It’s not often you have a Japanese official talking about the yen being too weak, but we did overnight, something which put pay to the up-move in USDJPY. Finance Minister Aso said the recent decline had been too fast, which lead to USDJPY reversing from the 118.98 high. The move has been a combination of the continued underlying weakening dynamics in the wake of the BoJ’s move last month, together with the greater uncertainty and policy deadlock caused by the PM’s decision to call a snap election. It could well be that USDJPY needs a period of consolidation after these comments before making an attempt on 120, but in the bigger picture the momentum towards this level look fairly unstoppable.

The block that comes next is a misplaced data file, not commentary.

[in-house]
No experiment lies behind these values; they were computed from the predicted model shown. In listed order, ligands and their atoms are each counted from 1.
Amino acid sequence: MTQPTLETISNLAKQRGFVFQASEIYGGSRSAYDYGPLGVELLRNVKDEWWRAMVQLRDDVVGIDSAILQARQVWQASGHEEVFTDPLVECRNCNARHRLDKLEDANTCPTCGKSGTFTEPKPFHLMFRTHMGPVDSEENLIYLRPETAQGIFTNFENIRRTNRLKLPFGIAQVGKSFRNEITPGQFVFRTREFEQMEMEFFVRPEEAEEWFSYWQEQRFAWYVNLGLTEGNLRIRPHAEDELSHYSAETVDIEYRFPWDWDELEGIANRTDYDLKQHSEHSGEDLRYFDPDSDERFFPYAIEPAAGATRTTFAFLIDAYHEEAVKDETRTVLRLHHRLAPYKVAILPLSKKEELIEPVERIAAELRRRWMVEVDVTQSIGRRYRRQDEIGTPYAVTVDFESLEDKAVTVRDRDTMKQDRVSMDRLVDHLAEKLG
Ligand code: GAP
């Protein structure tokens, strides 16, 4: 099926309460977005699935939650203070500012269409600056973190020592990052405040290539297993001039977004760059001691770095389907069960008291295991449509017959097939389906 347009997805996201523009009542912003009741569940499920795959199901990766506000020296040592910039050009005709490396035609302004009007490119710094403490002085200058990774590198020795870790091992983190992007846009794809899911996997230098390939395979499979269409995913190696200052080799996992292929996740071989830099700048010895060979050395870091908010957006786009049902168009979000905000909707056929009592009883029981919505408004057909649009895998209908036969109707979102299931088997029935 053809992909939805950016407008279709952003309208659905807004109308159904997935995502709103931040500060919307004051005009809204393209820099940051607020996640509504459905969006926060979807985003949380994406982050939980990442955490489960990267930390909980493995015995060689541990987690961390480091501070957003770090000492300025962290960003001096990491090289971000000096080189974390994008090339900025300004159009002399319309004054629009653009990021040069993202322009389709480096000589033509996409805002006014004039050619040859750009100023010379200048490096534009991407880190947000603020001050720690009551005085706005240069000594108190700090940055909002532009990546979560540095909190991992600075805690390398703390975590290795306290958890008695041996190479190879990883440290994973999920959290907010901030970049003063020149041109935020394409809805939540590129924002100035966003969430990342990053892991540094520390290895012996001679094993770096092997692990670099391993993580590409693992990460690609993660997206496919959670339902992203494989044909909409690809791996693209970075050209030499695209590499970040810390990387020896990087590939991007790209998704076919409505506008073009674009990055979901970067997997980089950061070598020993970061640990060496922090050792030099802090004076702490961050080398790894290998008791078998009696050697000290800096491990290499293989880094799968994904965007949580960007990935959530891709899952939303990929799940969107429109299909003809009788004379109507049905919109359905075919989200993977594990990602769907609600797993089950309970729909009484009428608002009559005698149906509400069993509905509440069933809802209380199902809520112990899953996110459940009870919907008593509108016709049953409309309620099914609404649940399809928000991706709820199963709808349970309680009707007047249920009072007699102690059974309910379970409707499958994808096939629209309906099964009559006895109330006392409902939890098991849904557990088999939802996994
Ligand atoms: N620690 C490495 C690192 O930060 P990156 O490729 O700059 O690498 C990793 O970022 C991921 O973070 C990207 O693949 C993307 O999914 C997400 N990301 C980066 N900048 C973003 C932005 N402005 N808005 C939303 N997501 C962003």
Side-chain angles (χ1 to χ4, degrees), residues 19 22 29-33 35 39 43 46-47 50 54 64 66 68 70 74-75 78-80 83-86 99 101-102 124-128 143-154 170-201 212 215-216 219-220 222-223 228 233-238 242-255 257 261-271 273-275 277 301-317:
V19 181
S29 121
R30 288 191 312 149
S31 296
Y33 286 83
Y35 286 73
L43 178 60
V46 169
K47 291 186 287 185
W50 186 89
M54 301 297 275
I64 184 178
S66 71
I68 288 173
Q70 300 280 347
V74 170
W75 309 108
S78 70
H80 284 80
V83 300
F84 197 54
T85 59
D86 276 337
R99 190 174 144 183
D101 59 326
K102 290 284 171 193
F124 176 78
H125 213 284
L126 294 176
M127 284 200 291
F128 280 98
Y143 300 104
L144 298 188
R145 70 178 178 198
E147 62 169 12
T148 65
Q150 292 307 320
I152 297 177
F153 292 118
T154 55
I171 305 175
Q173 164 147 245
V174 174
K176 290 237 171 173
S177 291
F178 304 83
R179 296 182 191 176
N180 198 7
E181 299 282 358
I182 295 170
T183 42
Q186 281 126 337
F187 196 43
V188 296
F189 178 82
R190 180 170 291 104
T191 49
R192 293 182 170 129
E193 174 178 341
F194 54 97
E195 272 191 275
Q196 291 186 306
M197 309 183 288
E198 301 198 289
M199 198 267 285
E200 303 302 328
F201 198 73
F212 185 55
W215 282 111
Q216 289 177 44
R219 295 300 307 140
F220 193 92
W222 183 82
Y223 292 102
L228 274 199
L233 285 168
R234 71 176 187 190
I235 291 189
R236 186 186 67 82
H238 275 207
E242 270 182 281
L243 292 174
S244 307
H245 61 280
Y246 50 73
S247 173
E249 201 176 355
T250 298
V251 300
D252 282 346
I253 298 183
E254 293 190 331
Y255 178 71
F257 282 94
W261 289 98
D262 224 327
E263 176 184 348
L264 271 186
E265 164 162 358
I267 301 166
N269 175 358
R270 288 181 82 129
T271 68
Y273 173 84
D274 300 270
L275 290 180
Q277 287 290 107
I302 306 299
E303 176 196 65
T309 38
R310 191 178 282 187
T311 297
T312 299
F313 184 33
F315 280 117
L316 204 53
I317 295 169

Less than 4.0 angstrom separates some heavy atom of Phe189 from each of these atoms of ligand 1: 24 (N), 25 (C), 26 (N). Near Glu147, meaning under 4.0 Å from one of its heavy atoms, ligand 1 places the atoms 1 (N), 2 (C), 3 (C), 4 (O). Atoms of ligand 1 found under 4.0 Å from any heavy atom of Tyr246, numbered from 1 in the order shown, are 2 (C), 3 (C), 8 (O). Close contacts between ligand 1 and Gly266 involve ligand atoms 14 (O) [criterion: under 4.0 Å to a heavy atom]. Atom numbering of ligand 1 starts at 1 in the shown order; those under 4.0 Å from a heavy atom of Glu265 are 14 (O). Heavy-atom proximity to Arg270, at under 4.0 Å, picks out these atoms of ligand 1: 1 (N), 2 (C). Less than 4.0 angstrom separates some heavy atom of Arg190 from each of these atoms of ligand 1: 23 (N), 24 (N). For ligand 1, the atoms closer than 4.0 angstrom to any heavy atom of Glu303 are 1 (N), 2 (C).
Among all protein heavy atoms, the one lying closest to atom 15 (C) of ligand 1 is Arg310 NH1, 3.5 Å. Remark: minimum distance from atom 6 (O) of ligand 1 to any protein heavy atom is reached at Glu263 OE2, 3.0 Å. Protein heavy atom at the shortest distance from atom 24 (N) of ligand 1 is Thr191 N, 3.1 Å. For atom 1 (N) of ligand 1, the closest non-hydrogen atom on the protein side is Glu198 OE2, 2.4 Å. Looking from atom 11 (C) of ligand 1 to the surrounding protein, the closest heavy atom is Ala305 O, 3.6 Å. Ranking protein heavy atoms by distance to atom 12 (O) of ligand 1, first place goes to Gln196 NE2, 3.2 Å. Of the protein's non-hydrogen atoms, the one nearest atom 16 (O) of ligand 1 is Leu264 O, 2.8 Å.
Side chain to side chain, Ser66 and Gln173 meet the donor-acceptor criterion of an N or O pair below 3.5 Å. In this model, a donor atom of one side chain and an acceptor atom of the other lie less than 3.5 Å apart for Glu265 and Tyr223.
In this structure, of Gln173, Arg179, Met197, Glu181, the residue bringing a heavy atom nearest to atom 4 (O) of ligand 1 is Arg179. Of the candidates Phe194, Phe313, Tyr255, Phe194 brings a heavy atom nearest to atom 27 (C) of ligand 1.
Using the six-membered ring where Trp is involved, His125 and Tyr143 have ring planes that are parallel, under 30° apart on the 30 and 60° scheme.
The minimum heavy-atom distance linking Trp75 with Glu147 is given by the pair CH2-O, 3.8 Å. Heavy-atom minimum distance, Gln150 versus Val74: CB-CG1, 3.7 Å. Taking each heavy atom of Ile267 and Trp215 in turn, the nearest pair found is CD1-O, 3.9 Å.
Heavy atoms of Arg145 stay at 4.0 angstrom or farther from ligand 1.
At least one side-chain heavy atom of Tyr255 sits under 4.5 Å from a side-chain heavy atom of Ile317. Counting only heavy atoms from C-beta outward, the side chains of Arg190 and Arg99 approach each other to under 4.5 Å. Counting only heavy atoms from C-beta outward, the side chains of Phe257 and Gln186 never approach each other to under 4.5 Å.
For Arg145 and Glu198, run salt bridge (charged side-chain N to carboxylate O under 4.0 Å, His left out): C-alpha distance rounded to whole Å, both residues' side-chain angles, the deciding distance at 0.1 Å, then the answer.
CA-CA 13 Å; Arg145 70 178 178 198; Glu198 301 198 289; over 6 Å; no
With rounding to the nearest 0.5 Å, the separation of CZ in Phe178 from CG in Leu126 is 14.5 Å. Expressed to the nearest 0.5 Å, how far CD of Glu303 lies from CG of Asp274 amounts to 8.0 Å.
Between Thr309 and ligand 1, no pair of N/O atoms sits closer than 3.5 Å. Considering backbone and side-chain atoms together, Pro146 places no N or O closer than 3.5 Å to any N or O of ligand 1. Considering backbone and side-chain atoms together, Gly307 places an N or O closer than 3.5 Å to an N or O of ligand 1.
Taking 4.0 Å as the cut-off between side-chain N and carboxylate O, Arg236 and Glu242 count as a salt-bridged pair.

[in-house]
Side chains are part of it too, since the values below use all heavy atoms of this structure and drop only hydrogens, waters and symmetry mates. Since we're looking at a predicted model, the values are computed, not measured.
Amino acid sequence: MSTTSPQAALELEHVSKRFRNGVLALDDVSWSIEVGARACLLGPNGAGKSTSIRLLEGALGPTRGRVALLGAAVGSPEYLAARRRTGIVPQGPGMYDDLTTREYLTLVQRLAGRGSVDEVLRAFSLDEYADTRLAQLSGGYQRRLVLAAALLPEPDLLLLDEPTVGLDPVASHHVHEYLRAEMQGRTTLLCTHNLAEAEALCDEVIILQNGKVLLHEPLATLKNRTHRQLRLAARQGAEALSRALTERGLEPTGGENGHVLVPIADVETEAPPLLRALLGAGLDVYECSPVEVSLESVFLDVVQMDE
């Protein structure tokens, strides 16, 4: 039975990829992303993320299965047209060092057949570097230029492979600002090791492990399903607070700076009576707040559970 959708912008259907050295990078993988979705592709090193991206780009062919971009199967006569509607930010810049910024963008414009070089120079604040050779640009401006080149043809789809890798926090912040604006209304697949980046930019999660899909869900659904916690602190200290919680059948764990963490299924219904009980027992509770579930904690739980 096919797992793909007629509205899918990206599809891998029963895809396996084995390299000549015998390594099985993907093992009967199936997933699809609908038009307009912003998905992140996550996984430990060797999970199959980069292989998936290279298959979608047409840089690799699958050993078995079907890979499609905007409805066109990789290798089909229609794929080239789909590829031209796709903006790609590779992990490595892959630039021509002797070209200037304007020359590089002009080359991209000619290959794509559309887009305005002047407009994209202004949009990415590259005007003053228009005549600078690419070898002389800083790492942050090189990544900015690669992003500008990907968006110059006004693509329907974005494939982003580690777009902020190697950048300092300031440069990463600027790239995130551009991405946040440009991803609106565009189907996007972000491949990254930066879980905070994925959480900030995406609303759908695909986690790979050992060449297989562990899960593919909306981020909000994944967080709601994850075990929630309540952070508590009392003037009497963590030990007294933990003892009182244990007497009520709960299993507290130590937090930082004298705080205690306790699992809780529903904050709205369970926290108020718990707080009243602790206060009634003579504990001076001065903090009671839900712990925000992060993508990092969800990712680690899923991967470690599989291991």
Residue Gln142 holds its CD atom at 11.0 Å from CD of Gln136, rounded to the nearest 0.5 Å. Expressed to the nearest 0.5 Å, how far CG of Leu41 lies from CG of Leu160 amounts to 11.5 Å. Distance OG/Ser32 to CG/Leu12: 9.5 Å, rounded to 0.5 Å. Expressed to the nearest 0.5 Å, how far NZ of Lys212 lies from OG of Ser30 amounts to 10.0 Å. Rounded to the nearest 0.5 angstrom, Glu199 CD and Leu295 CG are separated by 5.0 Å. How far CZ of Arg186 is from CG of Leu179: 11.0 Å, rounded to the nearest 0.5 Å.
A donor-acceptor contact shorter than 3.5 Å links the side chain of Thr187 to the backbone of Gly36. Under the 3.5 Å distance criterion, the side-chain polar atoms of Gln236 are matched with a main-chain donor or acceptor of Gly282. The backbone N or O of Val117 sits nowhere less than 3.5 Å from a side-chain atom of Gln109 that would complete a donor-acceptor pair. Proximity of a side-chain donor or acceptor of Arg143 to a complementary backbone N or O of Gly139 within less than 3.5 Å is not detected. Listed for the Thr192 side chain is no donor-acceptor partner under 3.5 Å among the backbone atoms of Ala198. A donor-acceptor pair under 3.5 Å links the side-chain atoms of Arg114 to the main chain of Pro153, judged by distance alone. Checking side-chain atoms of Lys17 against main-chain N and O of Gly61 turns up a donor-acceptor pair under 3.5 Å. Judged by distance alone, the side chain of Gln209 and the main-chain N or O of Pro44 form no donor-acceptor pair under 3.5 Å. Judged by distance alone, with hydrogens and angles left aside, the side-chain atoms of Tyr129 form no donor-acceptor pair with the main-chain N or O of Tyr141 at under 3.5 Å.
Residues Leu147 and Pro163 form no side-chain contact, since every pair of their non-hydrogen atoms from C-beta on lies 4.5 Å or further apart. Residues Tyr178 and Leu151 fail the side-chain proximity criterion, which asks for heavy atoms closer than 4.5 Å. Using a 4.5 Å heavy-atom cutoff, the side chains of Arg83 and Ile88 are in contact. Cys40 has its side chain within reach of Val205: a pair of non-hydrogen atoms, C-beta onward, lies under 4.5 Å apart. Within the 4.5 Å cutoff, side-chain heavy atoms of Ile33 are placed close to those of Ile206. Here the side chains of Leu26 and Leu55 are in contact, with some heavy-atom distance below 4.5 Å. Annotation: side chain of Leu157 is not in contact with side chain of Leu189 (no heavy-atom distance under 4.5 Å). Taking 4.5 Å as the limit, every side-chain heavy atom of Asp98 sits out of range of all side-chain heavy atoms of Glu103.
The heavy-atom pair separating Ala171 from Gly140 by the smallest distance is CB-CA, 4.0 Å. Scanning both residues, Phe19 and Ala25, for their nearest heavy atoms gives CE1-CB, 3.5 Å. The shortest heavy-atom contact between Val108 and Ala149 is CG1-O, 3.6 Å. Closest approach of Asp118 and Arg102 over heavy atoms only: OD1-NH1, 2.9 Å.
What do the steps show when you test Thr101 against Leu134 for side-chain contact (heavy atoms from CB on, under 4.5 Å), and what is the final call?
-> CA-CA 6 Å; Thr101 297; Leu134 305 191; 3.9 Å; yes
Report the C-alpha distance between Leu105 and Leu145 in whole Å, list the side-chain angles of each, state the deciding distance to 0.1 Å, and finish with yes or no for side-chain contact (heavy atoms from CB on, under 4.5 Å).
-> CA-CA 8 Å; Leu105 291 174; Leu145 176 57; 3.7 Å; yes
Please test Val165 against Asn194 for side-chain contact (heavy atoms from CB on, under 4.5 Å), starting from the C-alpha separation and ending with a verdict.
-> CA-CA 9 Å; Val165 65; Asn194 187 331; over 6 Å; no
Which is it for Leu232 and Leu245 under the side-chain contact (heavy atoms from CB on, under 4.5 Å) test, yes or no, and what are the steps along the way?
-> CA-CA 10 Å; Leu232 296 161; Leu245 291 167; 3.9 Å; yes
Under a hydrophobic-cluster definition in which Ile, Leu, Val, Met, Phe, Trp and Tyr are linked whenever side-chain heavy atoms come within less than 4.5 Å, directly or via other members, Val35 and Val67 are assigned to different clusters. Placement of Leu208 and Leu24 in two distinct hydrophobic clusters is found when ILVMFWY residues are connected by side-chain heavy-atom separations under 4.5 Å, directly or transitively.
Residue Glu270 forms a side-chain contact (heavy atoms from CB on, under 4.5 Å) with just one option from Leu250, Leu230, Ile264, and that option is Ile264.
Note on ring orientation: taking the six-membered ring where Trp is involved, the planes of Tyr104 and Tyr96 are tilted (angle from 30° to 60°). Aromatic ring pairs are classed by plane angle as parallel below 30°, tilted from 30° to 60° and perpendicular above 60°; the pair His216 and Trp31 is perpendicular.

The dollar itself has also been more consolidative through most of November, the dollar index holding just below the 88.00 level. The euro has been the main factor in this steadier tone, trapped in the 1.24 to 1.26 range for most of November. The ability of the ECB to instigate fresh currency weakness looks limited at this point in time and the Swiss upcoming vote on gold has also provided some support as polls have moved away from a yes vote, reducing the likelihood of the SNB being forced to sell euro’s to buy gold. For today, the data calendar is relatively light, so in theory at least we look set for a relatively smooth ride into the weekend. Inflation data in Canada is the main risk to this view, headline inflation seen rising slightly to 2.1%. USDCAD remains just shy of the recent high at 1.1467, but it would take a much weaker than expected figure to push the market back above 1.14 (currently just above 1.13).